Engineered bacteria could be made into tiny, ingestible gut doctors

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In his lab at Rice University synthetic biologist Jeff Tabor is creating a kind of Lilliputian naval academy. The midshipmen are so small they can’t be seen with the naked eye. But they’re part of a vital mission to protect U.S. naval forces from internal enemies, ranging from metabolic disorders to anxiety and depression.

In 2014 Tabor received a three-year grant from the U.S. Office of Naval Research (ONR) to genetically modify a harmless species of Escherichia coli bacteria normally found in the human gut. The goal is to create an edible probiotic organism that can hone in on developing disease and stave it off, even before symptoms take hold. He has recently succeeded in engineering E. coli with sensors that can detect the presence of chemicals signaling disease—at least in the mouse gut.

His ultimate aim is to design “a precision gut bacterium that manipulates the intestinal environment in humans to keep it healthy,” he says. This involves rewiring the genes of E. coli to transform the cells into predictable and reliable microbial medics loaded with engineered genetic circuits that can sense specific chemical disturbances and fire off a battery of molecules to neutralize them.  The cells would live only a short time in the gut, perhaps six hours or so, “just long enough to do their job,” Tabor says. Then they would die naturally or self-destruct.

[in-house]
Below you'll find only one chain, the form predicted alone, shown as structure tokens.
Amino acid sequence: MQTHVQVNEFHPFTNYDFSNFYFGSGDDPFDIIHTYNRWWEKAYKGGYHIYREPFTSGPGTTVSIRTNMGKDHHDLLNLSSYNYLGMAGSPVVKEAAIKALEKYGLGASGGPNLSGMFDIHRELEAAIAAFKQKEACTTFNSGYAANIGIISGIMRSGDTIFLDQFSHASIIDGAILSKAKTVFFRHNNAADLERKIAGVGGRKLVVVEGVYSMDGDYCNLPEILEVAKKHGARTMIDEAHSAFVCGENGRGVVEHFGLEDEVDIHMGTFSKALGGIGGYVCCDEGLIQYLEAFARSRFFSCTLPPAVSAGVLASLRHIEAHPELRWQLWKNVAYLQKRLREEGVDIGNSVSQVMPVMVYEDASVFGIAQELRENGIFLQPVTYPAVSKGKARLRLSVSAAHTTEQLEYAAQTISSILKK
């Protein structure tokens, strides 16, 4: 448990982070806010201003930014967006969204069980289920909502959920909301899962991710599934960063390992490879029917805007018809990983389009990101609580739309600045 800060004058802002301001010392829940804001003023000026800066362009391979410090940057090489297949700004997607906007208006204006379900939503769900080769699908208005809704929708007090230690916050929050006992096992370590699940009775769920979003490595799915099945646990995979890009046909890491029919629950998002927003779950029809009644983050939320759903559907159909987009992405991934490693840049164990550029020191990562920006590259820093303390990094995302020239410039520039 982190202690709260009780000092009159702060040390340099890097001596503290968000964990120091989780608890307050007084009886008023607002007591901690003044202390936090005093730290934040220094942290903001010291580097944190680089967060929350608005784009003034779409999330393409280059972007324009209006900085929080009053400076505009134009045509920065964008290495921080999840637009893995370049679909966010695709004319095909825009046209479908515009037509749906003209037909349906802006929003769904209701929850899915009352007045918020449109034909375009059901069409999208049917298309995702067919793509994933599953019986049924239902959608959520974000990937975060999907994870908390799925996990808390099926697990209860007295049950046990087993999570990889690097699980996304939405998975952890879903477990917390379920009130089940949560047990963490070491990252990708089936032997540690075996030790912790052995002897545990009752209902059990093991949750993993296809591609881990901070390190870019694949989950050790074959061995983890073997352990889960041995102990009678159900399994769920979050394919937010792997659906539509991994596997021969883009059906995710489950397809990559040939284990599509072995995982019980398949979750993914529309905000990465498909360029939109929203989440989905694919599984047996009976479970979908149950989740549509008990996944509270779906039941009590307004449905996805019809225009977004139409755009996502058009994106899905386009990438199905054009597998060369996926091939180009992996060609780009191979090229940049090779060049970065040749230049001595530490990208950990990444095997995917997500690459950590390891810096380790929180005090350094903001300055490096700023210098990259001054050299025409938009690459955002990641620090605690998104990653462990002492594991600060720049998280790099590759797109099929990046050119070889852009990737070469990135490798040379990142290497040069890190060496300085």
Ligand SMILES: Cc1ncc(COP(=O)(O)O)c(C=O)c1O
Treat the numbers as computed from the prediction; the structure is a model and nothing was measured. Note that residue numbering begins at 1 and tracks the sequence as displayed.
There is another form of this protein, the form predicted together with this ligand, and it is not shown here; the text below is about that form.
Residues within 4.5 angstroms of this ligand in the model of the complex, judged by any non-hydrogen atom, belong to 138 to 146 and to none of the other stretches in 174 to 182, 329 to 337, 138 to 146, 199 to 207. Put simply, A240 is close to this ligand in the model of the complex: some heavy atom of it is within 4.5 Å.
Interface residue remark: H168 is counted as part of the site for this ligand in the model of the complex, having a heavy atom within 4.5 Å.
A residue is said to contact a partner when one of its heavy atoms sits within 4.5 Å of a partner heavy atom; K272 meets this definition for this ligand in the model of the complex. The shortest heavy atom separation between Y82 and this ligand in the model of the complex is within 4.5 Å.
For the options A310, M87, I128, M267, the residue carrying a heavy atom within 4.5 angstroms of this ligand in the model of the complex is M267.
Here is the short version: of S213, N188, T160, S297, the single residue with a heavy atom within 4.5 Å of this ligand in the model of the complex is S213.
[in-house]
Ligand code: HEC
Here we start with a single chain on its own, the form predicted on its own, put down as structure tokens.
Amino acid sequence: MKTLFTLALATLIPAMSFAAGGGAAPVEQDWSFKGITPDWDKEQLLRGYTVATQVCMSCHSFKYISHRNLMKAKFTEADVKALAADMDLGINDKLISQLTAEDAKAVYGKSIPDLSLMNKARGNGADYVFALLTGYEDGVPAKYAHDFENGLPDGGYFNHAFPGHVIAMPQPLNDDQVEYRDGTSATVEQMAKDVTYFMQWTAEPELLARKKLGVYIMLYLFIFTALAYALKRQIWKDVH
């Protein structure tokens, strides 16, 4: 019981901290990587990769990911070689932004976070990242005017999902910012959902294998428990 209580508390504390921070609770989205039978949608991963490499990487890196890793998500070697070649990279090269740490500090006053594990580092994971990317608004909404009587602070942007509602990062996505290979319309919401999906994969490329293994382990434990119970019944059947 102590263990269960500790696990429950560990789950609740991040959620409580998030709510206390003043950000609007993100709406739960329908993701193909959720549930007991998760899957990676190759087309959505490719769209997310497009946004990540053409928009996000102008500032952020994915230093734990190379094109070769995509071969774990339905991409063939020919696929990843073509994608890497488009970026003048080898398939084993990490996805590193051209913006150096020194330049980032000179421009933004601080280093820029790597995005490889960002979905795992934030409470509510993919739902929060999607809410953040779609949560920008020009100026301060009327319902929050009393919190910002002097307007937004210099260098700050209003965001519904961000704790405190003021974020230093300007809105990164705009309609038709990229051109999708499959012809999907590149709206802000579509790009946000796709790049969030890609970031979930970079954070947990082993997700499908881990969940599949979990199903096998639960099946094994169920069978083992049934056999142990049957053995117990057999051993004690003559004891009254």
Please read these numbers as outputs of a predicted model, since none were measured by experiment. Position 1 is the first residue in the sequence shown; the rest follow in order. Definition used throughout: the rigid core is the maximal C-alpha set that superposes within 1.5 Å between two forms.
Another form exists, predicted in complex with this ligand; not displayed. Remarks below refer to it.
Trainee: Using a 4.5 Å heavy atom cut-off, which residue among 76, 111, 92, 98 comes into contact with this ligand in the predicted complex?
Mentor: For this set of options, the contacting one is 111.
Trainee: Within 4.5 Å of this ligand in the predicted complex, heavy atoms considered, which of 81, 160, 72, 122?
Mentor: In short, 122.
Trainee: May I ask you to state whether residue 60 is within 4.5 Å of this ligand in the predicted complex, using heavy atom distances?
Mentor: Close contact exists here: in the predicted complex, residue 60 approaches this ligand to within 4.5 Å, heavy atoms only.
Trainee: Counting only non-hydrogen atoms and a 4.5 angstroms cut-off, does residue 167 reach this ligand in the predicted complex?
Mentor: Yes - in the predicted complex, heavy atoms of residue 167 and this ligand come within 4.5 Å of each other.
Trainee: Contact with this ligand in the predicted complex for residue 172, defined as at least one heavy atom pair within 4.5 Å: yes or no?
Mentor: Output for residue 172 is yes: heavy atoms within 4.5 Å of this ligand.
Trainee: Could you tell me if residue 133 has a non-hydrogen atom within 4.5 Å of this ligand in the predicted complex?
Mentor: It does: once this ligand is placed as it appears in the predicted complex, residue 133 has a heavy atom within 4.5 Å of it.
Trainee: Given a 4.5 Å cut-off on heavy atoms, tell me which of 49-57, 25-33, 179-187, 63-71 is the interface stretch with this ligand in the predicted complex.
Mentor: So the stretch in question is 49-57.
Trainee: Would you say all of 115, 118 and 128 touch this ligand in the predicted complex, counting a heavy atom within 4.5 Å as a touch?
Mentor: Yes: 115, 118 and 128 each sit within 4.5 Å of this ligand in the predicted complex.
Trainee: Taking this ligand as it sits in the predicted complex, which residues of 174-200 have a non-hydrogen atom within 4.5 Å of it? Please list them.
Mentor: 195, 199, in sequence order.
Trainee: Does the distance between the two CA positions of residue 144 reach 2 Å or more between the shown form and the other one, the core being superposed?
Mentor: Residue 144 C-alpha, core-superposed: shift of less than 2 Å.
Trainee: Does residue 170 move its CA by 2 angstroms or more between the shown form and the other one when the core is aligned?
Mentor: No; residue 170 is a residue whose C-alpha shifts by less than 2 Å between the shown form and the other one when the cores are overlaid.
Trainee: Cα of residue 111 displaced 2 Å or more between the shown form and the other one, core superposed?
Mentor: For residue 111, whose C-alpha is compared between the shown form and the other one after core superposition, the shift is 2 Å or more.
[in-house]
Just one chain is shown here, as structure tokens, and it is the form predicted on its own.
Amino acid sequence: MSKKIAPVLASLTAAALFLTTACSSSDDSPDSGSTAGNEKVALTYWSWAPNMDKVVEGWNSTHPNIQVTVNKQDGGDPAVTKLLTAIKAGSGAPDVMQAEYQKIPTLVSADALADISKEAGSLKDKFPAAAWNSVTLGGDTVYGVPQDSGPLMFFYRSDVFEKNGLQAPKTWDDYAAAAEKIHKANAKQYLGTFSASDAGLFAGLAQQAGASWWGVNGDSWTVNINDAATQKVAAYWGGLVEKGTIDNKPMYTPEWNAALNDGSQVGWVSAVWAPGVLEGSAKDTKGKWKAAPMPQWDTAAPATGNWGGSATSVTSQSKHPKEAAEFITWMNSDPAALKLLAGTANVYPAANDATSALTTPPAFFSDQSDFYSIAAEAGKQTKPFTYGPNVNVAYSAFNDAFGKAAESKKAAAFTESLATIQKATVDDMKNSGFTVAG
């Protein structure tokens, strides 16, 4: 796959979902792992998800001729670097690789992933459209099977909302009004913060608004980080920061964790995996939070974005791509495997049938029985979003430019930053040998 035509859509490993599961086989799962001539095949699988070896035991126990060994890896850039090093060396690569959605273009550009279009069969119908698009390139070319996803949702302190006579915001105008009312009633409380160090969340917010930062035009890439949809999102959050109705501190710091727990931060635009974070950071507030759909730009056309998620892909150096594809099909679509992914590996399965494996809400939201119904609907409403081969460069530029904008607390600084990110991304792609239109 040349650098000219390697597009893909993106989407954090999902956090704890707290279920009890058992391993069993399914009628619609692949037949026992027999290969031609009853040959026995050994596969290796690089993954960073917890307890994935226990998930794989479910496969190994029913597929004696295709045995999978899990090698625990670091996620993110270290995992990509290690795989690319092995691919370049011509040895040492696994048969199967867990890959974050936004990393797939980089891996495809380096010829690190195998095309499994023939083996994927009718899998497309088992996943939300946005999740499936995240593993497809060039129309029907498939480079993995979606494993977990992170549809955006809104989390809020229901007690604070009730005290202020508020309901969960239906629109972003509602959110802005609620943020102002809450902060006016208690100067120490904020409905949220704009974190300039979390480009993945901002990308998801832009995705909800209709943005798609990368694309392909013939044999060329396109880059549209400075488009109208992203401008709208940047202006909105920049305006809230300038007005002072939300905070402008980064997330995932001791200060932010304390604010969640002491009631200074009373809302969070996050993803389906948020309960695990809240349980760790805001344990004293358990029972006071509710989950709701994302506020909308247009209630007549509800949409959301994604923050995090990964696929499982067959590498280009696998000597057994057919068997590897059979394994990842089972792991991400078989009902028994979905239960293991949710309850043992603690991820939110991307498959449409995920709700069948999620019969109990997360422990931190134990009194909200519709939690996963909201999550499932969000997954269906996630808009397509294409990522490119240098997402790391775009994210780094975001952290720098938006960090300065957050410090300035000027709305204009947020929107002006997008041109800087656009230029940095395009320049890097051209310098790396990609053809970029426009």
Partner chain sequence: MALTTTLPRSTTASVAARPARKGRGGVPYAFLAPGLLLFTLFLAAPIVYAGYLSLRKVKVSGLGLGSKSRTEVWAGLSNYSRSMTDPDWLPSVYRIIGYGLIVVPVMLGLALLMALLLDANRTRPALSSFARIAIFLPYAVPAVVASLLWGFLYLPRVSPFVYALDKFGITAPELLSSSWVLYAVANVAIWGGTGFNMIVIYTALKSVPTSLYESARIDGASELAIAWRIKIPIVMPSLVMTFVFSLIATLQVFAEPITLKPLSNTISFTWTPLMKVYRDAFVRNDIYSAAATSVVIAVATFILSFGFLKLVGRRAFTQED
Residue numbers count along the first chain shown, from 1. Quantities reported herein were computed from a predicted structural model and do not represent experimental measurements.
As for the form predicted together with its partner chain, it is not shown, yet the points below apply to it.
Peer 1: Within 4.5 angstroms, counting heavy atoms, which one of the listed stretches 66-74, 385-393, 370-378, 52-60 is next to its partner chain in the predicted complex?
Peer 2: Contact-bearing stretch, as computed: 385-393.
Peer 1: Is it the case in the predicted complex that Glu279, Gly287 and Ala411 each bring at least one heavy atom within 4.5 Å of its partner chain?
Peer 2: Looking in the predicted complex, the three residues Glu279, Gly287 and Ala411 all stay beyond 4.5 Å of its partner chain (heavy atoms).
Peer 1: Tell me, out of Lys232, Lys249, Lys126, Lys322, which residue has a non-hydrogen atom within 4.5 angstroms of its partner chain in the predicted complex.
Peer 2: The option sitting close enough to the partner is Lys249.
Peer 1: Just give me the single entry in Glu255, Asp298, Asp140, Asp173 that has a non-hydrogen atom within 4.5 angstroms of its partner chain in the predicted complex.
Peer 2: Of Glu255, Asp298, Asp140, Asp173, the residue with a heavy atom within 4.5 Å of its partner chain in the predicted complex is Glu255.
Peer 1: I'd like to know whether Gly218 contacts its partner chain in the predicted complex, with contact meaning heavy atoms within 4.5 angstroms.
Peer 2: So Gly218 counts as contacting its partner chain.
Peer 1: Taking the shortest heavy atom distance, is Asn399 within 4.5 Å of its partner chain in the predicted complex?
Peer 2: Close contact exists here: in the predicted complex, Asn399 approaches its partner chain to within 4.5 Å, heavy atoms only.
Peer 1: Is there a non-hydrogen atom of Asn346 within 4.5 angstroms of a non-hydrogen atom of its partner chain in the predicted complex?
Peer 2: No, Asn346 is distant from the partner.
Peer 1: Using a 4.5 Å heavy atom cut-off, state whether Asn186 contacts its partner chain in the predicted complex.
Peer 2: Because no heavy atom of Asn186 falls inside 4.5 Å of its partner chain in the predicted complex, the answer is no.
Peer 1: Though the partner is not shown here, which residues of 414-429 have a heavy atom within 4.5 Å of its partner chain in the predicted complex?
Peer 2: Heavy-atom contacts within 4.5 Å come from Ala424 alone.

Read full, original post: U.S. Navy Recruits Gut Microbes to Fight Obesity and Disease

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